Wendy Riddell:
Tough times don't last, tough people do


Continuing with our Wellness Series we have the incredible Wendy Riddell, longtime friend of The Whole Kitchen, and nutritionist and UFIT Director of Bootcamps and Trainer.

A busy mum of four, Wendy tends to get more done before 10am than most of us get done in an entire day. She rises early, sets up over 200kg of weights at the gym, drives not only her own children but her neighbours children as well to school, and even gets her own workout in, ready for her first clients of the day. And if, like us, just reading about that morning schedule has left you feeling a little worn out, prepare to meet the absolute machine and wonder that is Wendy Riddell. Forged in Scotland, Wendy moved to Singapore eight years ago and has been helping hundreds of people to make positive changes to their lifestyle ever since. She gave us a few hours out of her crazy schedule so we could sit down to ask her some of our burning questions.  

 

 

Good morning! Before we get started, could you share with us how you started your day this morning? (we love hearing about morning routines!)

My mornings are super crazy as I teach outdoor bootcamps too. My alarm goes off at 5am, the first thing I do without fail is make my bed. I’ve always a large coffee and bottle of water in hand as I run out the door at 5:20. I do sessions all over, but on a Tuesday and Thursday I’m at Fort Canning and I usually have about 240kg of weights to set out before the clients arrive. I finish my second session at 8am, and then I drive home to pick up the children to take to school. I have six in the car every day (I have four and I take my neighbours two) so I like to joke I’m a part time bus driver too. Once I’ve dropped them off I usually do my own work out and then I’m ready for 10am for client or management meetings.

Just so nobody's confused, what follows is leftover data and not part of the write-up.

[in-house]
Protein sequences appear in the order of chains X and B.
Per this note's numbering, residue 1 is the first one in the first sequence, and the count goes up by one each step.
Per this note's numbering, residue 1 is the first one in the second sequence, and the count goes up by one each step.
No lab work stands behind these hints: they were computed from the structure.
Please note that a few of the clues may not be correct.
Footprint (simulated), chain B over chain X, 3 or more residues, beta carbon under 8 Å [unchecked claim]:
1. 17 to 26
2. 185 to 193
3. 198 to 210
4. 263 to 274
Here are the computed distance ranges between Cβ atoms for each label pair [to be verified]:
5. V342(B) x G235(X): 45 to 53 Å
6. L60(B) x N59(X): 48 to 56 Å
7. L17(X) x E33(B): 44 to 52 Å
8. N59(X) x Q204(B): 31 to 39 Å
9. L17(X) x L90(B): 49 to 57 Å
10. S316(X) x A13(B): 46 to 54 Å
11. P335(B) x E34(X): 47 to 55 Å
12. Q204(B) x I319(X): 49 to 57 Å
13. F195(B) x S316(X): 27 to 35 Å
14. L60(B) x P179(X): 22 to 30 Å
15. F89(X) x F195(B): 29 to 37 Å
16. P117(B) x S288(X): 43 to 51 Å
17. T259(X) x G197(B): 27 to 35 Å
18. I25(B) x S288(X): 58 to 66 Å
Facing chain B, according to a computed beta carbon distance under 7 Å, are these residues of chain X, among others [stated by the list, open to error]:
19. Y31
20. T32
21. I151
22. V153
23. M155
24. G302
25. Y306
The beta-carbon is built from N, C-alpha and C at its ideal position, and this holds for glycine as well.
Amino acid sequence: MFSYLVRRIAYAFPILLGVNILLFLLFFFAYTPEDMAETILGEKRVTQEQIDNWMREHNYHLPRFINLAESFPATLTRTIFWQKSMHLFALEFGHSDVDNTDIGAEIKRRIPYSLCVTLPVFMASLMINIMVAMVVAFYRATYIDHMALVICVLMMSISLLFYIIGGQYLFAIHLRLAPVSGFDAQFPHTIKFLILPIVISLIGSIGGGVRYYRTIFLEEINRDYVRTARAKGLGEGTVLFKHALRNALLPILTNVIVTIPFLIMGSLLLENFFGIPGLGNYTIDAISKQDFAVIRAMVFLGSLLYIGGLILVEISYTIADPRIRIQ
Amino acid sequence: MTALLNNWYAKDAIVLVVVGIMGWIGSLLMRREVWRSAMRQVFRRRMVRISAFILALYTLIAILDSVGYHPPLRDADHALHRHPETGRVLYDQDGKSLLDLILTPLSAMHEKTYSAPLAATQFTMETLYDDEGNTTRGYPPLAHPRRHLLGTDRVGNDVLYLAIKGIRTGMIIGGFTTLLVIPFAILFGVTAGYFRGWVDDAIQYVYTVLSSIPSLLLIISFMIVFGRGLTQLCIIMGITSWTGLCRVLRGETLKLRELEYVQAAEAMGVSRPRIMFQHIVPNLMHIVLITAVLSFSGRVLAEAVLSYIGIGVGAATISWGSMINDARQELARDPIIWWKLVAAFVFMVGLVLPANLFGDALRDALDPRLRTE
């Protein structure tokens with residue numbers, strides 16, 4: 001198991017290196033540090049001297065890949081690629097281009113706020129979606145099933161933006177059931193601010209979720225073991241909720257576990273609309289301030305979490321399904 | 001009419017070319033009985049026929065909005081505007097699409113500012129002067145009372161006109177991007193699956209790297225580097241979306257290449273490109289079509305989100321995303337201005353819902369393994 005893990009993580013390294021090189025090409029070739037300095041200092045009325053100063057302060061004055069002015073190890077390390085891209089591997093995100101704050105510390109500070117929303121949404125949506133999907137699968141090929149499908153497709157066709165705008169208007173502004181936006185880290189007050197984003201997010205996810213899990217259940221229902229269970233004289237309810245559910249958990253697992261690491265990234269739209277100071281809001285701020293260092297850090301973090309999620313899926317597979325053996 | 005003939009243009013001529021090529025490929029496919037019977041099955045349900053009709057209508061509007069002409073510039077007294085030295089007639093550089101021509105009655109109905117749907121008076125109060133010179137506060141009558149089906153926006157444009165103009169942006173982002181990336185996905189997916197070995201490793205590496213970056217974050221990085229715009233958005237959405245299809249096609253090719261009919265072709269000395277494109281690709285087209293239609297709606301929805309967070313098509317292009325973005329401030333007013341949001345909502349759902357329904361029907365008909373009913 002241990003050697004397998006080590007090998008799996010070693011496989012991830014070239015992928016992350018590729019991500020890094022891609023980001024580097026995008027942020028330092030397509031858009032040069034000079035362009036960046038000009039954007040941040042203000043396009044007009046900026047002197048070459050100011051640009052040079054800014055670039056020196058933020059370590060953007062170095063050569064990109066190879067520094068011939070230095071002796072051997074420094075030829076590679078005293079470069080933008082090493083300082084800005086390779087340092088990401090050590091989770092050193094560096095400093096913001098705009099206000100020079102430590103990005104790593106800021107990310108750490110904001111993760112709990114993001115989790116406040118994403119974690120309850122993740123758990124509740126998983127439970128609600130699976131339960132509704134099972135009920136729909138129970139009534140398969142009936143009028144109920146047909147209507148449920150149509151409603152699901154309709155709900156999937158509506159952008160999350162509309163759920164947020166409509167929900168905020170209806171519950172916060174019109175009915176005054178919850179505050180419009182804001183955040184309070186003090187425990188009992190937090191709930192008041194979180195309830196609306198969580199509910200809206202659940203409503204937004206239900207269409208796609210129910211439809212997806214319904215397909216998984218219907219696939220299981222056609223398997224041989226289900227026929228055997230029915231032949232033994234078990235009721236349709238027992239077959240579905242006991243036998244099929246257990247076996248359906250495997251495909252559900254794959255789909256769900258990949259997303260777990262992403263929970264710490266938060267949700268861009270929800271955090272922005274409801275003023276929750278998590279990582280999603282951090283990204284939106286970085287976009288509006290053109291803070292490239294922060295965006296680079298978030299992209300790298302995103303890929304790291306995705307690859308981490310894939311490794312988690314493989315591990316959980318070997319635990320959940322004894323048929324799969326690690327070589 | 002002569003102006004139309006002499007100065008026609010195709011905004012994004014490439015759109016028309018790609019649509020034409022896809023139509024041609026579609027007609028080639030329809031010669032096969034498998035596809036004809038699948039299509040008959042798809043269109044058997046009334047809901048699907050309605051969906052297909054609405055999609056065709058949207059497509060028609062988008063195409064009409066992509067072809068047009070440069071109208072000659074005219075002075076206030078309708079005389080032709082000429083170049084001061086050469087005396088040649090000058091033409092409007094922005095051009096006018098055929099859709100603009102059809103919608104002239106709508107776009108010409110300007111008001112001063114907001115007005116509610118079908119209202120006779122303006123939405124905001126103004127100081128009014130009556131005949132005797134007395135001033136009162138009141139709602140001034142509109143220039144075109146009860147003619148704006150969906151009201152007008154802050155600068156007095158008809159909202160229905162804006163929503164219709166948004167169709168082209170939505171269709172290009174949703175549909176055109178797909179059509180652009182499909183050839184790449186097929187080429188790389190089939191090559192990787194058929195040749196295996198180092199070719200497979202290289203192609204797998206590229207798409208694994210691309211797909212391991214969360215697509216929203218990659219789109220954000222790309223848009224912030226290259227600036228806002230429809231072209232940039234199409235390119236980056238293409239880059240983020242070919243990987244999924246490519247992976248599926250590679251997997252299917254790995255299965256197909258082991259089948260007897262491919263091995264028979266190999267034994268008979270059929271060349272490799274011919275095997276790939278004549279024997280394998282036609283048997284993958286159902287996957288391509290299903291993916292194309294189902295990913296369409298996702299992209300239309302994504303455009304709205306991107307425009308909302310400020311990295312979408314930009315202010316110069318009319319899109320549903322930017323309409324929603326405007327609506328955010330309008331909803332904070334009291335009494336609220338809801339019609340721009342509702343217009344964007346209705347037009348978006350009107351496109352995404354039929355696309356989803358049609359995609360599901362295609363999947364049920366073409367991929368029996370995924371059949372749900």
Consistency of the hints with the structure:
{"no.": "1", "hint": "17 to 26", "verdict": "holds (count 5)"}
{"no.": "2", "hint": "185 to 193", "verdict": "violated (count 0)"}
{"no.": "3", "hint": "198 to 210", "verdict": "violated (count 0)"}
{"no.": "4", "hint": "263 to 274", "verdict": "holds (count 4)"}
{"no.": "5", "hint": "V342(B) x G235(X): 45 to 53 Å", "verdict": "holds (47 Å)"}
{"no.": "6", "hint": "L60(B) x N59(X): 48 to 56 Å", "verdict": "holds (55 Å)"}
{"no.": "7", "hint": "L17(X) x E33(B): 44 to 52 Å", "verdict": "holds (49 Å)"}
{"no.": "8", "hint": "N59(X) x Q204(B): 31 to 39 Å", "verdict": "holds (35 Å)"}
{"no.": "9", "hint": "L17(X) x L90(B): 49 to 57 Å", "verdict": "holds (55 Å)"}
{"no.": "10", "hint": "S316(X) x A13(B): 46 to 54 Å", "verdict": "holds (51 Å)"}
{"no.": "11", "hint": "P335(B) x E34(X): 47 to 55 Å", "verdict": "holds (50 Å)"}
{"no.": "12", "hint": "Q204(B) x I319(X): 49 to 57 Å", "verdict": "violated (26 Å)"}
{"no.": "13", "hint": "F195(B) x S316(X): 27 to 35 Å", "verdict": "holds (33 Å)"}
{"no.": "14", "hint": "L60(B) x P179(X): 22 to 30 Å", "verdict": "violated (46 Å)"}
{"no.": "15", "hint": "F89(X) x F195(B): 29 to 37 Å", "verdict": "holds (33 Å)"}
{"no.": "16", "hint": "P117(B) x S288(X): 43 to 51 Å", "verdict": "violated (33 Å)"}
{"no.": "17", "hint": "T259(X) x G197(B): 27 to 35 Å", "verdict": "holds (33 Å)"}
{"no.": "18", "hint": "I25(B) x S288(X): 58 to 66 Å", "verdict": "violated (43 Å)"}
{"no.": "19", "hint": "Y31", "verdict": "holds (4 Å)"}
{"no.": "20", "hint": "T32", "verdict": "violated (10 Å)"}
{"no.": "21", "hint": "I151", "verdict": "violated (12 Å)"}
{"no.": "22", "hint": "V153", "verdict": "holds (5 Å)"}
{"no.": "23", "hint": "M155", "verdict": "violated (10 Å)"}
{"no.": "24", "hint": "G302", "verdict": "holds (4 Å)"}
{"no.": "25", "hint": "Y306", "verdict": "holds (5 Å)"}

What is your story and how you got into the work you are doing?

When I was in my mid-teens, I noticed that a lot of people around were overweight, Scotland doesn’t have the best obesity rates in the world. I noticed that they were sick and also a lot of the time depressed. And I just knew there must be a better way, and I also wanted to help other people find a better way. When I told a teacher, I wanted to be a nutritionist they said to me “who would pay someone to tell them what to eat”. I went to university in 1994, graduated in 1998, and then two years later I did a post-graduate degree in Sports Science and haven’t looked back. I’ve travelled a lot, so have had the privilege to work for NGOs, as well as run my own small business, and now here I am doing what I’m doing at UFIT.

 

 

How has COVID-19 impacted you personally and professionally?

I’m quite a positive person by nature so just got on with things, don’t get me wrong there were times that home schooling nearly drove me to day drinking, however I also see I’m in a privileged position compared to many others. The biggest thing for me, as with many others, is knowing when I can go and see my family again. I have family in the UK and in Australia so it’s really making me think about where I want to be in the world.

From a work perspective, I’ve never been busier, we immediately put everything online, from classes, to one-on-one Nutrition, and our Clean & Lean programme. Surprisingly, it works amazingly well, much better than I first thought it would.

From your experience, what do you feel are the biggest health challenges people are facing today?